# New Calculus Problem

• Oct 29th 2006, 11:13 AM
Sucker Punch
Sorry to ressurect this, but I have another assignment on similar subject matter. I figured it would be better to ask again her, than make a new thread.

Both of these types I remember covering in class, but can't seem to find them in my notes.

$\displaystyle e^{2x^3}$
That is e to the power of 2 times x to the power of 3.

Do I double up the chain rule here or something?

Also
$\displaystyle sin(tan(x))$

would that just become
$\displaystyle -cos(sec^2(x))$

Or is there more to it?
• Oct 29th 2006, 11:25 AM
CaptainBlack
Don't tag a new question onto the end of an existing thread, it makes it
difficult to identify that a new question has been asked.

RonL
• Oct 29th 2006, 11:29 AM
CaptainBlack
Quote:

Originally Posted by Sucker Punch
Sorry to ressurect this, but I have another assignment on similar subject matter. I figured it would be better to ask again her, than make a new thread.

Both of these types I remember covering in class, but can't seem to find them in my notes.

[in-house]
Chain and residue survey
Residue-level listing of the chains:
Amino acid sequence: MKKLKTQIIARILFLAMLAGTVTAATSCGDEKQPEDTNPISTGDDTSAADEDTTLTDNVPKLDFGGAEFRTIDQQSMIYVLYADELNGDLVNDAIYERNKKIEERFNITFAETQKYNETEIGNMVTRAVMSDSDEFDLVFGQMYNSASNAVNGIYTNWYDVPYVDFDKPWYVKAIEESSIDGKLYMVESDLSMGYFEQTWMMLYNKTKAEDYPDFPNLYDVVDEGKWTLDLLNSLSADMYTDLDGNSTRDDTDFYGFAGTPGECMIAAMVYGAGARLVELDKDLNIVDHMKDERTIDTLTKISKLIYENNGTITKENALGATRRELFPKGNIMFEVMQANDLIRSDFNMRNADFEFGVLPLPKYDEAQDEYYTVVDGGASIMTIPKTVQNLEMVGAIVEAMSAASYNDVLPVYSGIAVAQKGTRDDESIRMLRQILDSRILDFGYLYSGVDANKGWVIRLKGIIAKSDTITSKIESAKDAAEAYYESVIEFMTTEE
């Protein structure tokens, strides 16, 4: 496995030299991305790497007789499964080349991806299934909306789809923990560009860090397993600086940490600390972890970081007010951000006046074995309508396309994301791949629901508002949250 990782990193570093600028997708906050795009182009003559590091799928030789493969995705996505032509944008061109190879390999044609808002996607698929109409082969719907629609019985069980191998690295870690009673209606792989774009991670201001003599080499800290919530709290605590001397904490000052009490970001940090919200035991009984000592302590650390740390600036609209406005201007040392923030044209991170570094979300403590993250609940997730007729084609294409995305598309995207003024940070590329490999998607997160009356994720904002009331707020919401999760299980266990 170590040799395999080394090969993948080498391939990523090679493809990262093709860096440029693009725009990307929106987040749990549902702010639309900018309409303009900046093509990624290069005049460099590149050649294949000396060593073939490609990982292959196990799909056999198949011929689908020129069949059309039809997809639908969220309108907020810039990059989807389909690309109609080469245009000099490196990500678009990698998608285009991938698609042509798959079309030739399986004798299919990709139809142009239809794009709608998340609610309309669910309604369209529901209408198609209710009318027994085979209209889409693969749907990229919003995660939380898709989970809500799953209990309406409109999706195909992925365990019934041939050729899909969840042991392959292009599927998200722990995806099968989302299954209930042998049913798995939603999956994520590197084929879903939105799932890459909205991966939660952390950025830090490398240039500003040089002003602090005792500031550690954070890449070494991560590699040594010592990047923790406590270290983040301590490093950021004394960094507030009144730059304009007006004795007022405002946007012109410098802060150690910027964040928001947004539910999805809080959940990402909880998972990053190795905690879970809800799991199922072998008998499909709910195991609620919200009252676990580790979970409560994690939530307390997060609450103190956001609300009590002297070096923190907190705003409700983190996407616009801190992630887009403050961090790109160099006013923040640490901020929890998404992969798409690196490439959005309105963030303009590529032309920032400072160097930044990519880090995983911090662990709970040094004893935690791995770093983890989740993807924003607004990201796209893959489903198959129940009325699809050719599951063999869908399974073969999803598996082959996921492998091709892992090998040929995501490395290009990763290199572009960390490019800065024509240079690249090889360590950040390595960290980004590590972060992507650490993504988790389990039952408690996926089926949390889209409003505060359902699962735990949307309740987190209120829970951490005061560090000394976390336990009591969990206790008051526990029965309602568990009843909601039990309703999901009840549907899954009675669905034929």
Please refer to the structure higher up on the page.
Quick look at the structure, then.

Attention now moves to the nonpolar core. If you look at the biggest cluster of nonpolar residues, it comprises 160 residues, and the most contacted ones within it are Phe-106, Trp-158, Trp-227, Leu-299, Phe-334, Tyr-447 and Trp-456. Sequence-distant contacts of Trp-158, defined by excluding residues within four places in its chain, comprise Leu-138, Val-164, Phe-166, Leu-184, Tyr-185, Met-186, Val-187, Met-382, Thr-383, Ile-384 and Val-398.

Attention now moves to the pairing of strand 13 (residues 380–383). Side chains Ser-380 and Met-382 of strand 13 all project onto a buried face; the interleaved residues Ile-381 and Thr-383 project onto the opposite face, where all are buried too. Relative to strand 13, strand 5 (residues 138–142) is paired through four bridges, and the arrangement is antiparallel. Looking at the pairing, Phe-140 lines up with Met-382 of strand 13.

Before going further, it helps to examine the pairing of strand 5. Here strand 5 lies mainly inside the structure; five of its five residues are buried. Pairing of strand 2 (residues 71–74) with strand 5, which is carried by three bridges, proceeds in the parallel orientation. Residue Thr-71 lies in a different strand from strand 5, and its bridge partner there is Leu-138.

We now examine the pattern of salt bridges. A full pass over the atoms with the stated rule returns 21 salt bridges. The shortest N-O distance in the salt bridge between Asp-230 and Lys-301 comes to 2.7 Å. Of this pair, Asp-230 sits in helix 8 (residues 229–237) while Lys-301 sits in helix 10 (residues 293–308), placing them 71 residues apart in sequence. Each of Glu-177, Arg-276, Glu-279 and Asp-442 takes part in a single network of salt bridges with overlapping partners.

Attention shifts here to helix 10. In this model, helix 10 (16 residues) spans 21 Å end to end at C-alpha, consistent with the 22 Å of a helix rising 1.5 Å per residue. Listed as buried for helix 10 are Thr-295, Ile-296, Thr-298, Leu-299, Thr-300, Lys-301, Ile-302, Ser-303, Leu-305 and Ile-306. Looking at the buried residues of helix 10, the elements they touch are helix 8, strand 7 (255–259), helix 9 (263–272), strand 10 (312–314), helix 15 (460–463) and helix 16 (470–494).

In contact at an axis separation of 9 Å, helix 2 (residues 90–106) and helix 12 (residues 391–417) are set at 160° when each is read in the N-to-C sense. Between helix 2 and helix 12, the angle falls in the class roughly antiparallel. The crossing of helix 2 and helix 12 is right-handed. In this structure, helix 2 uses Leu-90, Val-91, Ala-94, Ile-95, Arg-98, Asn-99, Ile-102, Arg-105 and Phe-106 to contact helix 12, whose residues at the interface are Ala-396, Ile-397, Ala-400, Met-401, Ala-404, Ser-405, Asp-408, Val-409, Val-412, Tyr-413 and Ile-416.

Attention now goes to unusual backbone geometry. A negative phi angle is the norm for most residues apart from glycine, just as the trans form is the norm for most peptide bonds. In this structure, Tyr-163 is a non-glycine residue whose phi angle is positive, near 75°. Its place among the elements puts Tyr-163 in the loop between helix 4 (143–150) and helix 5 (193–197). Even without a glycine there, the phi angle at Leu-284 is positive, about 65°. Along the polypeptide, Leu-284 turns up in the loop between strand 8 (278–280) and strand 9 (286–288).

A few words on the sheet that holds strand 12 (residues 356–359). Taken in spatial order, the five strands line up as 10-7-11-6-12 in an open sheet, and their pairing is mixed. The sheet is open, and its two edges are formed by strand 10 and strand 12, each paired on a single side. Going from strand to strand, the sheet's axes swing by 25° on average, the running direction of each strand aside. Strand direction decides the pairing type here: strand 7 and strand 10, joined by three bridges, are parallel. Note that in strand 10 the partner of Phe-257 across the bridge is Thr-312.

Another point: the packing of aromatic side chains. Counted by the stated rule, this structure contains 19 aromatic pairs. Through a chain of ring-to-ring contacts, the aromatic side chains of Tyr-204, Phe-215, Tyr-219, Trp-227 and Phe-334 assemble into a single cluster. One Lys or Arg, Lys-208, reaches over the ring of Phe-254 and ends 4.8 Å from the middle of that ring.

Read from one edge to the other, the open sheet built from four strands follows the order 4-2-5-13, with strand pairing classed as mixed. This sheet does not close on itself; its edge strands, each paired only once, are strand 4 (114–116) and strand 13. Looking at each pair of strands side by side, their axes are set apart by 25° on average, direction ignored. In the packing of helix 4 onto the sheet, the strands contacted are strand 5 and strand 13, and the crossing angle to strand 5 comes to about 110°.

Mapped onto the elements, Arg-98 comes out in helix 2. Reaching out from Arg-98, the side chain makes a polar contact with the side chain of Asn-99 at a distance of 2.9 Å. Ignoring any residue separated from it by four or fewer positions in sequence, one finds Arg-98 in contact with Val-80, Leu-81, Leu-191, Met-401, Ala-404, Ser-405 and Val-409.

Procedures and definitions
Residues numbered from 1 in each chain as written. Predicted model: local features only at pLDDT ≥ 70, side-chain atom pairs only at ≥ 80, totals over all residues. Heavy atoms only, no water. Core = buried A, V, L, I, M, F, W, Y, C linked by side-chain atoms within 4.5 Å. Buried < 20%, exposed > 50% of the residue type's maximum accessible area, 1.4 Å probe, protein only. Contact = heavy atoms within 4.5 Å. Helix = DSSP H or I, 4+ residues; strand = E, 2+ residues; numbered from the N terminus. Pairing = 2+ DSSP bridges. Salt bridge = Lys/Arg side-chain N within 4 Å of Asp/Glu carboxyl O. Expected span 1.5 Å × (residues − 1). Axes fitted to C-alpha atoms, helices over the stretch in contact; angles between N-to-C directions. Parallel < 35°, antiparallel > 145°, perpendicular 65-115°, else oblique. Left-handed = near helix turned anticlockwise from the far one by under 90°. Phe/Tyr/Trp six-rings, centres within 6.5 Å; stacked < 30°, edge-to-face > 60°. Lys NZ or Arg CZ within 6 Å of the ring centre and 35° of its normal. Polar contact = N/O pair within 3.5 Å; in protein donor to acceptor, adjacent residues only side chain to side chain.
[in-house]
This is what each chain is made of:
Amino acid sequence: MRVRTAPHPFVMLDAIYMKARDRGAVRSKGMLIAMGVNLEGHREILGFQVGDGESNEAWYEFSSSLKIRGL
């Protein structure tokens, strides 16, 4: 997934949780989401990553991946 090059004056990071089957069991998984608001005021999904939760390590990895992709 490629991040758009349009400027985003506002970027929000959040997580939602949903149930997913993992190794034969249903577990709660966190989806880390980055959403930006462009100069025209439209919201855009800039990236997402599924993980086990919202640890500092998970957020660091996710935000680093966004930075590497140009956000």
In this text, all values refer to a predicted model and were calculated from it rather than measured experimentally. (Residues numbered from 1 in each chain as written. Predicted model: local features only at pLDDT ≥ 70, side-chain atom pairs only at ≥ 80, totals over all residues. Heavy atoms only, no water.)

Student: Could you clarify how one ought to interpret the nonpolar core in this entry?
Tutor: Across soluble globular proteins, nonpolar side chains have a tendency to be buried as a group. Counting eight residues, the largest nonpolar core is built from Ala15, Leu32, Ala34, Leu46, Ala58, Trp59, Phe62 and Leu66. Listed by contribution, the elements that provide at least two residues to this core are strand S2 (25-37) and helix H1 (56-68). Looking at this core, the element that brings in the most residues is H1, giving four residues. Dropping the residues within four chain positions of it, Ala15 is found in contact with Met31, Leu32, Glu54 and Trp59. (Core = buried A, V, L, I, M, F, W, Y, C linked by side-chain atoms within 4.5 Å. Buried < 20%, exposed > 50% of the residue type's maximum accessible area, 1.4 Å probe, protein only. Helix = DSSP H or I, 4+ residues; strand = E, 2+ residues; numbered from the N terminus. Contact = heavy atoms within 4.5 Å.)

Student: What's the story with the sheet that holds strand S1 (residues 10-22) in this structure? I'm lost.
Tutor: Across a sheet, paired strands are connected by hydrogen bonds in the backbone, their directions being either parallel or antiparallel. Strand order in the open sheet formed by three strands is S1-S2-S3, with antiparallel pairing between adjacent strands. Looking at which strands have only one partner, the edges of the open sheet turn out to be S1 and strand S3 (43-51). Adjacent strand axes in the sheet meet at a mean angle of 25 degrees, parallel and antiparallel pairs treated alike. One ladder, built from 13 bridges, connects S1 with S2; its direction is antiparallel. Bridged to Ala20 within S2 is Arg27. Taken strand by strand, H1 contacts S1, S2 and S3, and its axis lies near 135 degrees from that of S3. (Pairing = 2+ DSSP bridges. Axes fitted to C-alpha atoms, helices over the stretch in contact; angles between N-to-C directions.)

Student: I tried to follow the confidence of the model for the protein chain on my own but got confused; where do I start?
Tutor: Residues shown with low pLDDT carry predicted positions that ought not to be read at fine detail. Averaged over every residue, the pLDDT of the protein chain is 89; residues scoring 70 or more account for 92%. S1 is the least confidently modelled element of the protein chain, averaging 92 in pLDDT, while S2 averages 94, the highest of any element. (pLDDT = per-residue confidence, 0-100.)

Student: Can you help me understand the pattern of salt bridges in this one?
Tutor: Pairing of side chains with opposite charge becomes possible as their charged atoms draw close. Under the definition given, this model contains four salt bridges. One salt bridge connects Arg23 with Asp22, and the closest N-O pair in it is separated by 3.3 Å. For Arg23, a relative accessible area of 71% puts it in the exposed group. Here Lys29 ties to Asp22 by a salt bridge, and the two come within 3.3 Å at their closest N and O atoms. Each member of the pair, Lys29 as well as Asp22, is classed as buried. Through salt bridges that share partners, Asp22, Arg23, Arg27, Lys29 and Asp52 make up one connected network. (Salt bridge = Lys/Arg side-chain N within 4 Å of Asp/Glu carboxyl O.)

$\displaystyle e^{2x^3}$
That is e to the power of 2 times x to the power of 3.

Do I double up the chain rule here or something?

Chain rule:

$\displaystyle \frac{d}{dx}f(g(x))=g'(x) f'(g(x))$

In this case $\displaystyle g(x)=2x^3$ and $\displaystyle f(x)=e^x$, so

$\displaystyle g'(x)=6x^2$

and

$\displaystyle f'(x)=e^x$

So:

$\displaystyle \frac{d}{dx}e^{2x^3}=6x^2\ e^{2x^2}$

RonL
• Oct 29th 2006, 11:37 AM
CaptainBlack
Quote:

Originally Posted by Sucker Punch
Also
$\displaystyle sin(tan(x))$

would that just become
$\displaystyle -cos(sec^2(x))$

Or is there more to it?

Chain rule:

$\displaystyle \frac{d}{dx}[\sin(\tan(x))]=\left\{ \frac{d}{dx}[\tan(x)]\right\}\ \cos(\tan(x)) = sec^2(x)\ \cos(\tan(x))$

RonL